Thanks for your help

    Michael Crane
    Economic and Policy Resources
    1-800-765-1377
    mdc@epr-economics.com

  6. #6

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    The study we did for the City of Idaho Falls -- which must have been roughly 198889 -- did not use zoning at all. It was based on actual use, as checked in the field and measured on aerial photos. We did not attempt to relate land use to employment. We asked around and found out that the City of Grand Island, NE, which was very similar to IF in both population and economic function (as a regional trade center) had just done a similar study. I can't keep numbers in my head over that many years, but I do recall being surprised. It probably, at least in part, had to do with jurisdictional boundaries, i.e. which city had annexed more of the city edge type industrial uses. I do not think there would be that much variability if you isolated retail and office uses, but the particular history of different cities has a profound influence on the space uses consume. Neither IF or GI has a particularly healthy CBD, for example, so I suspect retail consumes vast acreages in such cities as compared with places that have healthy downtowns. I also am reasonably sure that industry expands to fill the space it can afford, so that the relatively affordable land in rural trade centers probably leads to more space devoted to industry than it would where land is more valuable. This is all based on informed intuition, of course, not on extensive research.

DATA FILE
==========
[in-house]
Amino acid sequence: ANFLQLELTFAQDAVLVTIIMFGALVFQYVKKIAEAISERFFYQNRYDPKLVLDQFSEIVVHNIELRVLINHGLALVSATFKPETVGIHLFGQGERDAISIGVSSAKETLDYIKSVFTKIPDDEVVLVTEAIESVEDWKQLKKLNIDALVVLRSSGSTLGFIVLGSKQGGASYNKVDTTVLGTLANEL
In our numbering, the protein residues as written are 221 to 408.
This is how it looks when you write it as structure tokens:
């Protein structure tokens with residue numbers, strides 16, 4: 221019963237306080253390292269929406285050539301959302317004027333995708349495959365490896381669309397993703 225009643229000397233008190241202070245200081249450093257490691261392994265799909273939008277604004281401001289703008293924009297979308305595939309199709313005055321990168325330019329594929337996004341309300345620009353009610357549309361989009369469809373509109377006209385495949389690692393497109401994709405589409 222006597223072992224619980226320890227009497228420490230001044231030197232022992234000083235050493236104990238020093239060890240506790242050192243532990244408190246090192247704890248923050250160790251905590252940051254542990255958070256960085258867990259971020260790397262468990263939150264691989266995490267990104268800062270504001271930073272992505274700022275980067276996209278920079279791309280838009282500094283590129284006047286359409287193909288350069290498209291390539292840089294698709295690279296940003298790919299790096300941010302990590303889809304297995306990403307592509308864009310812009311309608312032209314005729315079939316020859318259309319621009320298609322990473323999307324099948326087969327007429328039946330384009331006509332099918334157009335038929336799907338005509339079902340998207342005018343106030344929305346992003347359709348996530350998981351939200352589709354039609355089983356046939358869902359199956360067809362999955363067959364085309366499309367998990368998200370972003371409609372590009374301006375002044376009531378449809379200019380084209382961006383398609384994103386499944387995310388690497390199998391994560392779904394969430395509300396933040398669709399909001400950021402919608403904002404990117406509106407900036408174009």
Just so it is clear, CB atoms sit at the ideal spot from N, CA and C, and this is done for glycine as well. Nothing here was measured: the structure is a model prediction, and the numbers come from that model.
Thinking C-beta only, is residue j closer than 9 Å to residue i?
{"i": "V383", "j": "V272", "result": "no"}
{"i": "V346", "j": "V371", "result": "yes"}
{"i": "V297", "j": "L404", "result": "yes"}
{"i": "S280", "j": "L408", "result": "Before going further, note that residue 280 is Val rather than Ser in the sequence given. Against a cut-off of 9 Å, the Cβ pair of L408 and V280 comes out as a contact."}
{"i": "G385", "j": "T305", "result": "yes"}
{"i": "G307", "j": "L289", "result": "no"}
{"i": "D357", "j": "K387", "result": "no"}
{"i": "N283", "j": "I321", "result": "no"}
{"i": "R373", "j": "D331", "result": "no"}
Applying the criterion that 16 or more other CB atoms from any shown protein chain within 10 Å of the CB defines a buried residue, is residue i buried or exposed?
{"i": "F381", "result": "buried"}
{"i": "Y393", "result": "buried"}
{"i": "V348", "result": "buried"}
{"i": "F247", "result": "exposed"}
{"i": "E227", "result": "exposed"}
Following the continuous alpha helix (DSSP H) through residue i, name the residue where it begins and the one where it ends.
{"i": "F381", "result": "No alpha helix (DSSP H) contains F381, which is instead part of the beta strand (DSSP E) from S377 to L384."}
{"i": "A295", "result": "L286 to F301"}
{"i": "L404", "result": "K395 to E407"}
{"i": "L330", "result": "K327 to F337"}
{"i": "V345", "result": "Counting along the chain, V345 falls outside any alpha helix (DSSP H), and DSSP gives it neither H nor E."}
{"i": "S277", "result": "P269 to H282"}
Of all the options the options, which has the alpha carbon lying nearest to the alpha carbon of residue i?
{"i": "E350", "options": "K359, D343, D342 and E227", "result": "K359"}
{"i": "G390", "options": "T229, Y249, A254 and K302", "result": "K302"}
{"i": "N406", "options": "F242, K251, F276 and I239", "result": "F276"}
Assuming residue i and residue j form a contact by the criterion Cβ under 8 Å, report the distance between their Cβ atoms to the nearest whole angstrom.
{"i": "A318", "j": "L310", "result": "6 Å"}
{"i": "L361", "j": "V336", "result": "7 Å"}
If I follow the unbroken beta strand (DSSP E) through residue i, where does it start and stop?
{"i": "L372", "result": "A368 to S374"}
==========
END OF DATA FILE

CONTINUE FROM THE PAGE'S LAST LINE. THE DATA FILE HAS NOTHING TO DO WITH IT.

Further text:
7. #7
    maudit anglais
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    As far as I know the figures for industrial and commercial employees/square foot came from some form of study undertaken by the City. The City undertakes an employment survey most years, which I believe is how they calculate the numbers...

  8. #8
    Cyburbian Streck's avatar
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    Try the building codes. Ask your building permit official for the info if you don't want to do the research.

    Building codes allow X square feet per occupant for occupancy calculations to determine the maximum number of people (employees and customers (visitors)) in a given occupancy type such as business, industrial, etc. Business owners will usually build what area they need to operate, and the workers fit.

    There is still the question of whether the business has set aside vacant land for future expansion, which could mess up your information base.

    We had a slightly different problem, which is what i originally thought you were asking: How do you know how much of your city land to set aside (zoning land use wise) for Industrial or other use types. That we still don't have a good handle on.

  9. #9
    Cyburbian Jeff's avatar
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    Yeah I would base it on occupancy permits ( you can get the info from your fire marshal).

  10. #10
    Commercial office designs usually use the rule of thumb of 250sq ft per employee, but I have seen plans calling for as little as 100sq ft per employee in call center environments. I beleive the trend of late is towards less square footage per employee.